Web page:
Port Laoise or Portlaoise , historically also known as 'Maryborough'
from 1557 until 1929, is the county town of County Laois in the Midlands
region of Ireland. The population in 2011 was 20,145.
The site where the present town is situated is referred to in the Annals of the Four Masters as Port Laoighisi
during the 16th century. The present town originated as a settlement
around the old fort, "Fort of Leix" or "Fort Protector", the remains of
which can still be seen in the town centre. Its construction began in
1548 under the supervision of the then Lord Deputy Sir Edward Bellingham
in an attempt to secure English control in the county following the
exile of native Celtic chieftains the previous year. The fort's location
on rising ground, surrounded to the south and east by the natural
defensive barricades of the River Triogue and an esker known locally as
'the Ridge', greatly added to its strategic importance.
The town proper was established by an act of Parliament during the reign of Queen Mary
in 1557. It was named Maryborough and the county was named Queen's
County in her honour. The area had been a focus of the rebellion of
Ruairí Óg Ó Mórdha, a local chieftain who had rebelled and had lost his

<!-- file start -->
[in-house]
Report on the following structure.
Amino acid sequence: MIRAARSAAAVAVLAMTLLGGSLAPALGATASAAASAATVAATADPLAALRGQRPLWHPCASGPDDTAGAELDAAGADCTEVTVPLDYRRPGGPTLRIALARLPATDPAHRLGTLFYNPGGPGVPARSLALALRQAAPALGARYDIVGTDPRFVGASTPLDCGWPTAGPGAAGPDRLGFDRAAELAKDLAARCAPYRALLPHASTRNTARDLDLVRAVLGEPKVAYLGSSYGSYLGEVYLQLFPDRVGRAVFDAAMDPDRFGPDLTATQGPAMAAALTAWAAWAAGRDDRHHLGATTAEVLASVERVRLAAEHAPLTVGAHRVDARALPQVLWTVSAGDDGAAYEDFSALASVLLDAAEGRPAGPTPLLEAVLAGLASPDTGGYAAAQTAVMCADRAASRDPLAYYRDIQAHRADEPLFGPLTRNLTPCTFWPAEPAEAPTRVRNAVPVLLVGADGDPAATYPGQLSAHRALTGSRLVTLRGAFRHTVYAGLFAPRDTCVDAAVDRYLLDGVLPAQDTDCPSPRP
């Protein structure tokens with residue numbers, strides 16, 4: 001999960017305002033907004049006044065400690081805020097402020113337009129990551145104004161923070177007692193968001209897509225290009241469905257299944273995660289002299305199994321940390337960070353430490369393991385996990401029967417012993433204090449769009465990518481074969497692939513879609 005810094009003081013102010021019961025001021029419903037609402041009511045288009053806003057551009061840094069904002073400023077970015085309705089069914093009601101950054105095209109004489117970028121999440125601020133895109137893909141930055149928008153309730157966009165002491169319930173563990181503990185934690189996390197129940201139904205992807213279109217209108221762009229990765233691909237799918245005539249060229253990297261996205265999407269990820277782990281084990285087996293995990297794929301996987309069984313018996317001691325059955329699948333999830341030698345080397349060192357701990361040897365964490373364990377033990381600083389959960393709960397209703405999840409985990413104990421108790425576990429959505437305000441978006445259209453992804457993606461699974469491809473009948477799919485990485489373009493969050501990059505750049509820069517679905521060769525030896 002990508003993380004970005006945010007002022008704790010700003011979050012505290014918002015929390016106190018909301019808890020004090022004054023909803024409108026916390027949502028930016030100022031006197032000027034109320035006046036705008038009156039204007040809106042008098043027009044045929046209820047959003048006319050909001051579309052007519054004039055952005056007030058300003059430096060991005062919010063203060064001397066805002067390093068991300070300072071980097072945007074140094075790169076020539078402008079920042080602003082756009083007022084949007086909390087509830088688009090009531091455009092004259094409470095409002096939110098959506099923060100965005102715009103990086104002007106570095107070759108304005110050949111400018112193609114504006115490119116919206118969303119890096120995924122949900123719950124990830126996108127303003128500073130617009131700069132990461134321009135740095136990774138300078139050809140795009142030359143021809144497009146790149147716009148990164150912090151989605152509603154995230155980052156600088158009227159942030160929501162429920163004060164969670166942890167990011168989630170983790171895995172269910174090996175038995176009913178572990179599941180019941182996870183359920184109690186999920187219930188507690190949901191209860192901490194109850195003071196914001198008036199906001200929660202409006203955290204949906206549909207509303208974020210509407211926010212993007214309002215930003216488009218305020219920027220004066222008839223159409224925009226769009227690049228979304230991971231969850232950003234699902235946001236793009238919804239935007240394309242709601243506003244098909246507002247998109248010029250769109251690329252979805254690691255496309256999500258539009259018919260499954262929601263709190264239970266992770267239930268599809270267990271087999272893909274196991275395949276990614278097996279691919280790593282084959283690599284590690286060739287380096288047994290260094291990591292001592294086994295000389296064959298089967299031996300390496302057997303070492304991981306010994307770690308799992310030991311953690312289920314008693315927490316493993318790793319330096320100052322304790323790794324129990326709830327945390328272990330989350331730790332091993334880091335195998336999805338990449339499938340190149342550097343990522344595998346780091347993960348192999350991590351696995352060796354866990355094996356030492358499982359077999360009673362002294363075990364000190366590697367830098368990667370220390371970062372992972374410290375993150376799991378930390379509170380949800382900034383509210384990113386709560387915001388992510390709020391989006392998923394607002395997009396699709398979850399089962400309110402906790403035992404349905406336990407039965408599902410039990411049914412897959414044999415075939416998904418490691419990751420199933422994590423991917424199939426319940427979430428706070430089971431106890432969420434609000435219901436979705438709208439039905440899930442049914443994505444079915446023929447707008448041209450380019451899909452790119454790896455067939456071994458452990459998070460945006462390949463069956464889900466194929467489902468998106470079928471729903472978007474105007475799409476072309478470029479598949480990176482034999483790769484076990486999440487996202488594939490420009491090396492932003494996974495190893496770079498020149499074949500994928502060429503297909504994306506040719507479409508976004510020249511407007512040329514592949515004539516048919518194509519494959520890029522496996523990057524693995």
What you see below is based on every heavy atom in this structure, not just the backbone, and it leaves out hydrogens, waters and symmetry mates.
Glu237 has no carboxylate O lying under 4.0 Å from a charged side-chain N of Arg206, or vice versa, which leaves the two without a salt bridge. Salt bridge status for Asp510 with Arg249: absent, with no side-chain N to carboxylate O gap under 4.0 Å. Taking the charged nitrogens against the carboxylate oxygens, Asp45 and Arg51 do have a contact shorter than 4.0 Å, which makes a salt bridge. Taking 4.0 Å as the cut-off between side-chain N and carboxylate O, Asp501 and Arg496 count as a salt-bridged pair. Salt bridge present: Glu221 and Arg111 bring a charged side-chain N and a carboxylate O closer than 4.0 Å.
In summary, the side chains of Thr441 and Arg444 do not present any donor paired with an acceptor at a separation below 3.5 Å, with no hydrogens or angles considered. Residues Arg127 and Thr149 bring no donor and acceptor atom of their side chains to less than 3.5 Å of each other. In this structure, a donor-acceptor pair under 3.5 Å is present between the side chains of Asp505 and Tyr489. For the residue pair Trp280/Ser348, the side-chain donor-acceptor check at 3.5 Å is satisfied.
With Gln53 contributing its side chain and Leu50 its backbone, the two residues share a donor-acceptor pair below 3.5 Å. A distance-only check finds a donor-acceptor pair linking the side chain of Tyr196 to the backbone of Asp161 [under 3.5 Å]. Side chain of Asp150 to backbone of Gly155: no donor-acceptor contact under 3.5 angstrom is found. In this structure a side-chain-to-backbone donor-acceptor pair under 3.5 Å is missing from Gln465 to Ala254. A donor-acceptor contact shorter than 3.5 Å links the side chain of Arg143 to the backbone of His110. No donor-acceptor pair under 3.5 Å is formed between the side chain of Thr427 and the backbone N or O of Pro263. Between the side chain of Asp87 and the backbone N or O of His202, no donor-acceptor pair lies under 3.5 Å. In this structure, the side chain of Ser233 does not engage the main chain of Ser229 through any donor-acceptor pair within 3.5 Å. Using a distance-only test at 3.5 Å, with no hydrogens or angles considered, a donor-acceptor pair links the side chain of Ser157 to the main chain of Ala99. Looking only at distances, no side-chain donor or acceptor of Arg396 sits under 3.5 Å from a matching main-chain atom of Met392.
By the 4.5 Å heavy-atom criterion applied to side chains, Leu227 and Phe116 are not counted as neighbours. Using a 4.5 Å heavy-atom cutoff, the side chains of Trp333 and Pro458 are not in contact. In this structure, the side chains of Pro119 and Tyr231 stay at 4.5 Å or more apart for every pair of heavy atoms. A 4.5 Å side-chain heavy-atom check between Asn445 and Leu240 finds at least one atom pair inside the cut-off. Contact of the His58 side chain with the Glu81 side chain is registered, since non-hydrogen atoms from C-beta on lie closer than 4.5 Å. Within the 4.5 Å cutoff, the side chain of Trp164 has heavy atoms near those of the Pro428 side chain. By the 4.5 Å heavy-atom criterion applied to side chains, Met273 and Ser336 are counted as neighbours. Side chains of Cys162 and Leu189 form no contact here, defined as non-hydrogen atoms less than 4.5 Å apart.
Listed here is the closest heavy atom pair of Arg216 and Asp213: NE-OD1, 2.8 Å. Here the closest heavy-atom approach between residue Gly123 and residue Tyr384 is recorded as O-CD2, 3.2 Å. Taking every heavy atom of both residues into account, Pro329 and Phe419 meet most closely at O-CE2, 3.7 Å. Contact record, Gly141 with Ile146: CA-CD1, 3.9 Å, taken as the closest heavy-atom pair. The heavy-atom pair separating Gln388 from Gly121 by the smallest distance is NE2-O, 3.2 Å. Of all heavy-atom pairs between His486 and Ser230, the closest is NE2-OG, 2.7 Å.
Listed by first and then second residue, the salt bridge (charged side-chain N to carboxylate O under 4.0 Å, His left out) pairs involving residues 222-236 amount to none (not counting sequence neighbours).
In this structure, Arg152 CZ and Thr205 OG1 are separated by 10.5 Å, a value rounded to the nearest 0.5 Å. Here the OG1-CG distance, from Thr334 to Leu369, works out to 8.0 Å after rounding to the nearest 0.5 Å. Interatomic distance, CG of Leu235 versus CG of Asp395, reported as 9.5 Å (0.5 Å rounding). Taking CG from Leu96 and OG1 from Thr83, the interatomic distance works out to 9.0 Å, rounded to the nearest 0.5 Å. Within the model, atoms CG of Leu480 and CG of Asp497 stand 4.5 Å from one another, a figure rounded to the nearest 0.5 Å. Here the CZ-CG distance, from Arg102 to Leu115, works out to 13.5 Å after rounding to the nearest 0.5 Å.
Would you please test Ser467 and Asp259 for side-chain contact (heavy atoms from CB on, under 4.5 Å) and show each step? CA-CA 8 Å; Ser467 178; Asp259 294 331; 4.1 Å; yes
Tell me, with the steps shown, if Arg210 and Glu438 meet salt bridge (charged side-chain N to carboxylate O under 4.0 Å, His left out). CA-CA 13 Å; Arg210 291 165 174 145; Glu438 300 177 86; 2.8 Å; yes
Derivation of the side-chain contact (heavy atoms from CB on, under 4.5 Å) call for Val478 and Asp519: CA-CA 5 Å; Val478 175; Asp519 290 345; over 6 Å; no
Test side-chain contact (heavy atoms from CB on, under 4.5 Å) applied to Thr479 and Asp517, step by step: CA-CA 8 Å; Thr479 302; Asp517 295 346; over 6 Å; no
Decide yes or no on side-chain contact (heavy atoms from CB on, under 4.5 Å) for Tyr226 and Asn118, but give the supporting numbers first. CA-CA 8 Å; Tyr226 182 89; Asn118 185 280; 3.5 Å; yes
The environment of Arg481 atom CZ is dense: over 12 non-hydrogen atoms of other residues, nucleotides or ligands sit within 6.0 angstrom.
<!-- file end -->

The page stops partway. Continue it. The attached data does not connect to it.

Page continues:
lands, which the Crown wanted to be settled by reliable landowners. For
the next fifty or so years, the new English settlers in Maryborough
fought a continual, low-scale war with the Gaelic chieftains who fought
against the new settlement.
In 1570, a charter of Queen Elizabeth I raised the town to the rank of borough.
This allowed the establishment of a Corporation of the Borough, a body
which consisted of a burgomaster, two bailiffs, a town clerk, and a
sergeant at arms, as well as various other officers, burgesses and
freemen. Until the Act of Union took effect in 1801 and the abolition of its franchise, the town returned two members to the Irish Parliament. The Corporation itself existed until 1830.
Sheffield House was a Queen Anne mansion sited about two miles from
Portlaoise on the Timahoe side. It was for many years the seat of the
Cassan family but is now a ruin.
In 1929, a few years after the foundation of the Irish Free State, the town was renamed Portlaoighise (later simplified to Portlaoise)
and the county was renamed County Laois. A number of other towns in the
Free State also reverted to their Irish (or anglicised Irish) names
during this period.